Leaf Carbon and Water Isotopes Correlate with Leaf Hydraulic Traits in Three Solanum Species (S. peruvianum, S. lycopersicum and S. chilense)
Leaf hydraulic conductance (KLeaf) is a measure of the efficiency of water transport through the leaf, which determines physiological parameters such as stomatal conductance, photosynthesis and transpiration rates. One key anatomical structure that supports KLeaf is leaf venation, which could be subject to evolutionary pressure in dry environments. In this context, it is useful to assess these traits in species from arid climates such as S. peruvianum and S. chilense, in order to deter-mine their hydraulic strategy and potential aptitude for the improvement of domestic tomato (S. lycopersicum). In this work, we measured KLeaf, vein density, together with leaf water isotope composition (δ18O, δ2H) and leaf carbon isotope composition (δ13C), from which we derived proxies for outside-vein hydraulic resistance (Rox) and intrinsic water use efficiency (WUEi), re-spectively. The two wild species showed contrasting hydraulic strategies, with S. chilense performing as a water-spender, whereas S. peruvianum showed a water-saving strategy. Interestingly, S. lycopersicum was rather conservative, and showed the highest WUEi. The low water transport capacity of S. peruvianum was not explained by vein density traits, but was related with the ef-fective pathlength L, an isotope-derived proxy for Rox. The low WUEi of S. peruvianum suggested strong photosynthetic limitations. Our results show a wide diversity in water-use strategies in the genus, encouraging a detailed characterization of wild relatives. From a methodological point of view, we provide evidence supporting the use of water isotopes to assess changes in mesophyll hydraulic conductance, not attributable to vein density.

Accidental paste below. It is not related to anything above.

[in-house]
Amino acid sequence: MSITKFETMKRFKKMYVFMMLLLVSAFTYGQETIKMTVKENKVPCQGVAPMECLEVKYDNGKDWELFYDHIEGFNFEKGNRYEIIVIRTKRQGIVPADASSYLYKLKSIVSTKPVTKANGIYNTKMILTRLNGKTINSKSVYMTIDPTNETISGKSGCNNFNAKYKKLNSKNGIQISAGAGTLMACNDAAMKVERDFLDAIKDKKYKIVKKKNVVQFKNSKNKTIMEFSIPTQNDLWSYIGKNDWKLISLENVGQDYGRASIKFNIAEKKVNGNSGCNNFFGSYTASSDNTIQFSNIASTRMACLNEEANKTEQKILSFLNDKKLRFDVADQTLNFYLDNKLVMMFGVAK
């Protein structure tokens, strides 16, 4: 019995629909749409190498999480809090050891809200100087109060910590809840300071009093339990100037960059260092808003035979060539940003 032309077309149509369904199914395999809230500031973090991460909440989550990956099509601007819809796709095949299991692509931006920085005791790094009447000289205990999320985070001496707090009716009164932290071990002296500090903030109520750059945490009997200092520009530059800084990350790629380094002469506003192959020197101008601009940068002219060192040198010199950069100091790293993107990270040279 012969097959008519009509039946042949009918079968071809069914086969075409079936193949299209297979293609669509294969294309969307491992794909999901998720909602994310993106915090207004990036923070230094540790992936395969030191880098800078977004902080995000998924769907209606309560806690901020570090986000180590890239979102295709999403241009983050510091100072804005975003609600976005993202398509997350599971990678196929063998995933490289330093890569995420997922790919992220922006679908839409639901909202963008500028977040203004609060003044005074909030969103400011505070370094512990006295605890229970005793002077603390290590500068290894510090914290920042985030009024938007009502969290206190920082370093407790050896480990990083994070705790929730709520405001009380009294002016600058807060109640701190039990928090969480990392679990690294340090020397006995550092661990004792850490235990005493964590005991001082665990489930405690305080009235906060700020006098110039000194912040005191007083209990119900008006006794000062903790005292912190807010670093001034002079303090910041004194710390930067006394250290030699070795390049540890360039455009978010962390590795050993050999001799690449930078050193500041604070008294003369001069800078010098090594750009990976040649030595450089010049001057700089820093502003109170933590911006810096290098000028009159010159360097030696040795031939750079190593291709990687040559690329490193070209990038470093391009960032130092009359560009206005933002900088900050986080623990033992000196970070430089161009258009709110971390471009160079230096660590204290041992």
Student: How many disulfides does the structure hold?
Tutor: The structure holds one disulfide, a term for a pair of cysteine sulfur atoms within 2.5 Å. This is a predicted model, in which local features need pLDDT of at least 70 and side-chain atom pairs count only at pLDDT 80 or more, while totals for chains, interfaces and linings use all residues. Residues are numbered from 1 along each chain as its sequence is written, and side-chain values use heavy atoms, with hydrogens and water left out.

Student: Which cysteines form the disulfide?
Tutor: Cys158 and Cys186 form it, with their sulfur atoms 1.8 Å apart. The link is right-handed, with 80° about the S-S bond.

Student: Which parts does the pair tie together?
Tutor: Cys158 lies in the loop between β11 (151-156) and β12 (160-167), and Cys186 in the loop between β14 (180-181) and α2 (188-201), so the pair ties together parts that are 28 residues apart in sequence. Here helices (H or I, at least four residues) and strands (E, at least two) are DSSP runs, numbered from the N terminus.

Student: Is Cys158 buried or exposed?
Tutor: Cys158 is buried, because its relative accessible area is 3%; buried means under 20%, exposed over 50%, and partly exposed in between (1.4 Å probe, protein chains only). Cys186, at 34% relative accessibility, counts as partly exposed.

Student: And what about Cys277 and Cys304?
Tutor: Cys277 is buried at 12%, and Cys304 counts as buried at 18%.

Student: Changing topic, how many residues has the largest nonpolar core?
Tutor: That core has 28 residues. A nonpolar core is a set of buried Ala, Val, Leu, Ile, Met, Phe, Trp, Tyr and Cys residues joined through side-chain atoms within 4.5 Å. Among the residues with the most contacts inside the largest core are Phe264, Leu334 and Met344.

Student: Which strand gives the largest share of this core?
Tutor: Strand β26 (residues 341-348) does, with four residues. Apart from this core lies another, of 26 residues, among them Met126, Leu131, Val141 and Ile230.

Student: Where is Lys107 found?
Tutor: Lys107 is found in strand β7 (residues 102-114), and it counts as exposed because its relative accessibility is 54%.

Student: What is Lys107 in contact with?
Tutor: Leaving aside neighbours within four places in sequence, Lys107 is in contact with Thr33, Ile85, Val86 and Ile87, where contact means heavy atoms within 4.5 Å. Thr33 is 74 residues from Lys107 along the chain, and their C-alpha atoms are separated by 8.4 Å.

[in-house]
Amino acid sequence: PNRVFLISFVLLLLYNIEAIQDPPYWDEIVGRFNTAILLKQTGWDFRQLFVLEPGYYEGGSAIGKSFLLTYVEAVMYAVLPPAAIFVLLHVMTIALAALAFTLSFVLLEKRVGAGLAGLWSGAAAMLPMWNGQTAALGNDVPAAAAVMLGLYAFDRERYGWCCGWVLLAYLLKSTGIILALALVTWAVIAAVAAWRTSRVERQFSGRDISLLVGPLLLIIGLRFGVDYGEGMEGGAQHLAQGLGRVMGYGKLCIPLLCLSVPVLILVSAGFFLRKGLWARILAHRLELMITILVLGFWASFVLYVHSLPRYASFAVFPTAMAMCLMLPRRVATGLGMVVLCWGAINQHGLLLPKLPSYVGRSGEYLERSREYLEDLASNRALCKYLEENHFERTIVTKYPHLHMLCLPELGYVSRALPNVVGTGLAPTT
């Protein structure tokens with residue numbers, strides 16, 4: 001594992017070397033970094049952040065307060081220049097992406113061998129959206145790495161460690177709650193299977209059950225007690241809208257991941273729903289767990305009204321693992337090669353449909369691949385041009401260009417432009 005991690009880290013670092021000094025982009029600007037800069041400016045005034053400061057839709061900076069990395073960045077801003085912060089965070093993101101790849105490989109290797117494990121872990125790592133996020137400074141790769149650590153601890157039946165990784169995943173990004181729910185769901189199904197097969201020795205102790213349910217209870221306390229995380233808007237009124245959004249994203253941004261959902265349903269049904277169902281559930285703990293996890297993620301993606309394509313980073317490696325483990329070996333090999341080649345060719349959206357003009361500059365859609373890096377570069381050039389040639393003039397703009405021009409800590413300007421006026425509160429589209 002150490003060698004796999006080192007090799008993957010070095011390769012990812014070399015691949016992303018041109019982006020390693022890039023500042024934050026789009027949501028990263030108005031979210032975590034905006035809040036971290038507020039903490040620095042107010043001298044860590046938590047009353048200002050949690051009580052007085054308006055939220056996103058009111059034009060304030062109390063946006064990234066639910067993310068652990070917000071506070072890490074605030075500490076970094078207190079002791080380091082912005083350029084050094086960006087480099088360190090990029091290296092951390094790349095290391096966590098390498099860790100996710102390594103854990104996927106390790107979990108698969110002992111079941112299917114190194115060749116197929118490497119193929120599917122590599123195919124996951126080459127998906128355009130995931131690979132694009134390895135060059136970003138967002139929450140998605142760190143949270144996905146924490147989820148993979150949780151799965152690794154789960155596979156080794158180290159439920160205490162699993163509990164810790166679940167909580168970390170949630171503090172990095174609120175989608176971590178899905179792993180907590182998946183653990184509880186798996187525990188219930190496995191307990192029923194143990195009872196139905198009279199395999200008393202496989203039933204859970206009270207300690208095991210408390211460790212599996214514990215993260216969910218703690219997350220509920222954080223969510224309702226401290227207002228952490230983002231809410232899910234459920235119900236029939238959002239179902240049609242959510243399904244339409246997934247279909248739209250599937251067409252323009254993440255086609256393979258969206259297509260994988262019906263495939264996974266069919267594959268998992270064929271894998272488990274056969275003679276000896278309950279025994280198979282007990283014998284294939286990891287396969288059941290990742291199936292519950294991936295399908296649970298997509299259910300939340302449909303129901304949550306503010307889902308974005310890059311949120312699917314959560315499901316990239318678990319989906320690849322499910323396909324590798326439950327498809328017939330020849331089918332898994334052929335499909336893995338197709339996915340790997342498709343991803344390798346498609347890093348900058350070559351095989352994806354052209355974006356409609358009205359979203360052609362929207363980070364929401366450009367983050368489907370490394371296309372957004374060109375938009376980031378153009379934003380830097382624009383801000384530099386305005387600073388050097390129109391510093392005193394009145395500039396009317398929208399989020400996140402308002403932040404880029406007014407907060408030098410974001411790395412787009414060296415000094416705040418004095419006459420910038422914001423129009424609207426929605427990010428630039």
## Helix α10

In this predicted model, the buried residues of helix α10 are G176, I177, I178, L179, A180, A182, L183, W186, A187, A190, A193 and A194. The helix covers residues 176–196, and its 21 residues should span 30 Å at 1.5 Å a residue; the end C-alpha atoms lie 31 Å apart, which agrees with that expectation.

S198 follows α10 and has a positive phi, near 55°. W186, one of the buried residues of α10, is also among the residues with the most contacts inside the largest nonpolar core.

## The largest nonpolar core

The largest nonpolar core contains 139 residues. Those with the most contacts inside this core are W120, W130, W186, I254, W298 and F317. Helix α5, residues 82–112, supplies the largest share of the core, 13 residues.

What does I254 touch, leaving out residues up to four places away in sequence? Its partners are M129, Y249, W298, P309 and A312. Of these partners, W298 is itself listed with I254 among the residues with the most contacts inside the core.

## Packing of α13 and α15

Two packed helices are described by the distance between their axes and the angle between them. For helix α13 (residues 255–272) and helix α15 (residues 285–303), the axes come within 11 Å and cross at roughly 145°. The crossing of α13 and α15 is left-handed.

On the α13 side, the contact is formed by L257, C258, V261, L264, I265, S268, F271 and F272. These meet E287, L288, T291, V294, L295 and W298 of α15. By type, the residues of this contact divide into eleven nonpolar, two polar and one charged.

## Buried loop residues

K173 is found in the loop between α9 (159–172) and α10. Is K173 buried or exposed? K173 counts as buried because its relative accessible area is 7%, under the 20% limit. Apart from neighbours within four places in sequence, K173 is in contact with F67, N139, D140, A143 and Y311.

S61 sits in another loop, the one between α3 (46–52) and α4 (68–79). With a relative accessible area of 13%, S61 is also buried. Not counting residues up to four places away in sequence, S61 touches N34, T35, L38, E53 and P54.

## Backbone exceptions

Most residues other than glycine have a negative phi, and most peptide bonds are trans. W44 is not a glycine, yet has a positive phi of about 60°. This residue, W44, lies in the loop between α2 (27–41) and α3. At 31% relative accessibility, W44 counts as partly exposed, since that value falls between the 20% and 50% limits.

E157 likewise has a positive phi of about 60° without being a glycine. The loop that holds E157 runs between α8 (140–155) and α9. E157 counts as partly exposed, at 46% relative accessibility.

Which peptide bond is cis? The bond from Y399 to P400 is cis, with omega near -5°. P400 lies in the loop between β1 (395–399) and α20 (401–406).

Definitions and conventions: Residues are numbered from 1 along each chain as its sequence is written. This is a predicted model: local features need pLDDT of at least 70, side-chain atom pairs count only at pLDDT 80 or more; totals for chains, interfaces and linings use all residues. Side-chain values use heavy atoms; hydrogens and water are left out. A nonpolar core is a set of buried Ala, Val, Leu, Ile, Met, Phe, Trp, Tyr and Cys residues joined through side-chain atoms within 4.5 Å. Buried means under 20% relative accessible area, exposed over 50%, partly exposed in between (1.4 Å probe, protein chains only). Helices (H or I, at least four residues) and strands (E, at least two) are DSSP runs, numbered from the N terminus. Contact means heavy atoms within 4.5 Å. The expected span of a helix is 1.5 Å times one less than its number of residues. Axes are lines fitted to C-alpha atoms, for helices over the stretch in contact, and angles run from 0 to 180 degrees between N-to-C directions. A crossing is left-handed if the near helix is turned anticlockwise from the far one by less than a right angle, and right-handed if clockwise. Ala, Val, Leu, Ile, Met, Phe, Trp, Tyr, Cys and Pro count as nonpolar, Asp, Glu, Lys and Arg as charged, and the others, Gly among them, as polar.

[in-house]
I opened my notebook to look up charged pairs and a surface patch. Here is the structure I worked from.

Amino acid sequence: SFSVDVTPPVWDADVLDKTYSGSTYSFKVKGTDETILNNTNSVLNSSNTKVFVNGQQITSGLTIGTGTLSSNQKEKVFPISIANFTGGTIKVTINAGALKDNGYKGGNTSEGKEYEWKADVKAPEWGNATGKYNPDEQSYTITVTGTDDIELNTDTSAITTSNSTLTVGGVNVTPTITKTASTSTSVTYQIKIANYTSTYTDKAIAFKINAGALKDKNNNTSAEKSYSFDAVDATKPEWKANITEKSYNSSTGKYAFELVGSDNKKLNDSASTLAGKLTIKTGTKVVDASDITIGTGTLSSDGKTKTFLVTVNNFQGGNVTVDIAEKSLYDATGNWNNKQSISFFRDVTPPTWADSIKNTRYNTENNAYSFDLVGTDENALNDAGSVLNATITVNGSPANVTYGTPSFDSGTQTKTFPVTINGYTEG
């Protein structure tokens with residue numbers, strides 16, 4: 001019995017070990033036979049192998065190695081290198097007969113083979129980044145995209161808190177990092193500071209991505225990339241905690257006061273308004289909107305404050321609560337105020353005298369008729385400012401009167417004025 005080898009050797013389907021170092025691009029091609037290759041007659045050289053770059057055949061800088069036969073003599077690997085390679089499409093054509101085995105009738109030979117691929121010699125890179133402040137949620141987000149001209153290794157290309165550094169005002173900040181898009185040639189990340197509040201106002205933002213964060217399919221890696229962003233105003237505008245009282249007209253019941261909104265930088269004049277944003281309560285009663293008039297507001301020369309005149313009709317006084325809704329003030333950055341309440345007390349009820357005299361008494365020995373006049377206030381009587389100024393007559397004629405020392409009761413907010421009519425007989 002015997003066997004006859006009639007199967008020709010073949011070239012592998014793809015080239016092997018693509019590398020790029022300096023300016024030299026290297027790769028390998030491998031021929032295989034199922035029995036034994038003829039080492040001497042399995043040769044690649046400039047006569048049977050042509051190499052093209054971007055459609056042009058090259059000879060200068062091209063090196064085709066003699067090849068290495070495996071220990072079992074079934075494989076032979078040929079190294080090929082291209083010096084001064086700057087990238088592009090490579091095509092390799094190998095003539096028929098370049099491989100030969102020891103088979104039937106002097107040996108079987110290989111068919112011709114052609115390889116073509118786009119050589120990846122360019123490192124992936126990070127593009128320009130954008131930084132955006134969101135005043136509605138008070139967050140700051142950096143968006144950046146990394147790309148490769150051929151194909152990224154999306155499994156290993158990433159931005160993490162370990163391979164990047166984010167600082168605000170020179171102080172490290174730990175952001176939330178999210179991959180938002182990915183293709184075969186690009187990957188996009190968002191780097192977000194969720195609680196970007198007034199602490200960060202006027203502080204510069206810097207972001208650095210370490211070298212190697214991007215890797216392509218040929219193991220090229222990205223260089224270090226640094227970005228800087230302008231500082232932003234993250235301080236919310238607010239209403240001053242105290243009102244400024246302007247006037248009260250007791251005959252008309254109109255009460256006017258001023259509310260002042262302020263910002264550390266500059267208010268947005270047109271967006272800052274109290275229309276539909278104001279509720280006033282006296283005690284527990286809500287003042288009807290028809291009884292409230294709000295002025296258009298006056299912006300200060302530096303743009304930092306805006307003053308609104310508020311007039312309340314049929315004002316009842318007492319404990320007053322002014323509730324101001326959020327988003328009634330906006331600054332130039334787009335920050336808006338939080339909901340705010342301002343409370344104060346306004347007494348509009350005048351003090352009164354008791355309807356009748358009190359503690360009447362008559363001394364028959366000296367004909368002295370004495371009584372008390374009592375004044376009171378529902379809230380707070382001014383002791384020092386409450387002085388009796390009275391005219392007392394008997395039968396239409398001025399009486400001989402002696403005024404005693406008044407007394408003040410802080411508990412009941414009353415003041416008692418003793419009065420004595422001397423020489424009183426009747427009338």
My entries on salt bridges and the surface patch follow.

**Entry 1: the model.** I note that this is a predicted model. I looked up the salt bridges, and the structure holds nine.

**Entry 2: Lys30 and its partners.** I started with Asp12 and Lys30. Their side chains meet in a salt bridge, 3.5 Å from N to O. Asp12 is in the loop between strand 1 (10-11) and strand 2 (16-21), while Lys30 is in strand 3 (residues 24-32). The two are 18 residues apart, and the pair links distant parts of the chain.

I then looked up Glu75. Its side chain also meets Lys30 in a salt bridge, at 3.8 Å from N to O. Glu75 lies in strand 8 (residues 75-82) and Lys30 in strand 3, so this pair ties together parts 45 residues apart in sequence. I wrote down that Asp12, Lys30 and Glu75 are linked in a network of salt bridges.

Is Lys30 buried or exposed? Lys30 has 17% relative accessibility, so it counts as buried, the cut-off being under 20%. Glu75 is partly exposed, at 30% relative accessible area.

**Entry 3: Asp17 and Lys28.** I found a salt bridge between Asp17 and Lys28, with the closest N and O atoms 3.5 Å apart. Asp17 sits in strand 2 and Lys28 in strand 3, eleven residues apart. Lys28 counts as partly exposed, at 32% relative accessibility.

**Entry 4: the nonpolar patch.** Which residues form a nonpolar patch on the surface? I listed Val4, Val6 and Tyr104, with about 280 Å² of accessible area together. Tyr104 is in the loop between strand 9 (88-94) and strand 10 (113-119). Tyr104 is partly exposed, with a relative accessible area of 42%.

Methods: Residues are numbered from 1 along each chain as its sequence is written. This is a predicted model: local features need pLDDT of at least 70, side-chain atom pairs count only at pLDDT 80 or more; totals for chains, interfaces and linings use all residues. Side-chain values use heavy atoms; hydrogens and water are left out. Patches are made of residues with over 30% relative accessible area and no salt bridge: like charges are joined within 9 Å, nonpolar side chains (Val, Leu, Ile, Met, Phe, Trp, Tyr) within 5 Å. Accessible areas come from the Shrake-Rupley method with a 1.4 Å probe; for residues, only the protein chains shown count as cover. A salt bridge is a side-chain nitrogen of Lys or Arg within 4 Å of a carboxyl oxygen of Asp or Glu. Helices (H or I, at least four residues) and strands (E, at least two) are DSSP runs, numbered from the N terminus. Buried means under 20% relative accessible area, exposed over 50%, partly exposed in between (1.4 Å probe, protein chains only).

Keywords: leaf hydraulic conductance; vein density; stable isotopes; leaf water enrichment; effective pathlength L; carbon isotope discrimination; wild relatives; tomato; water use efficiency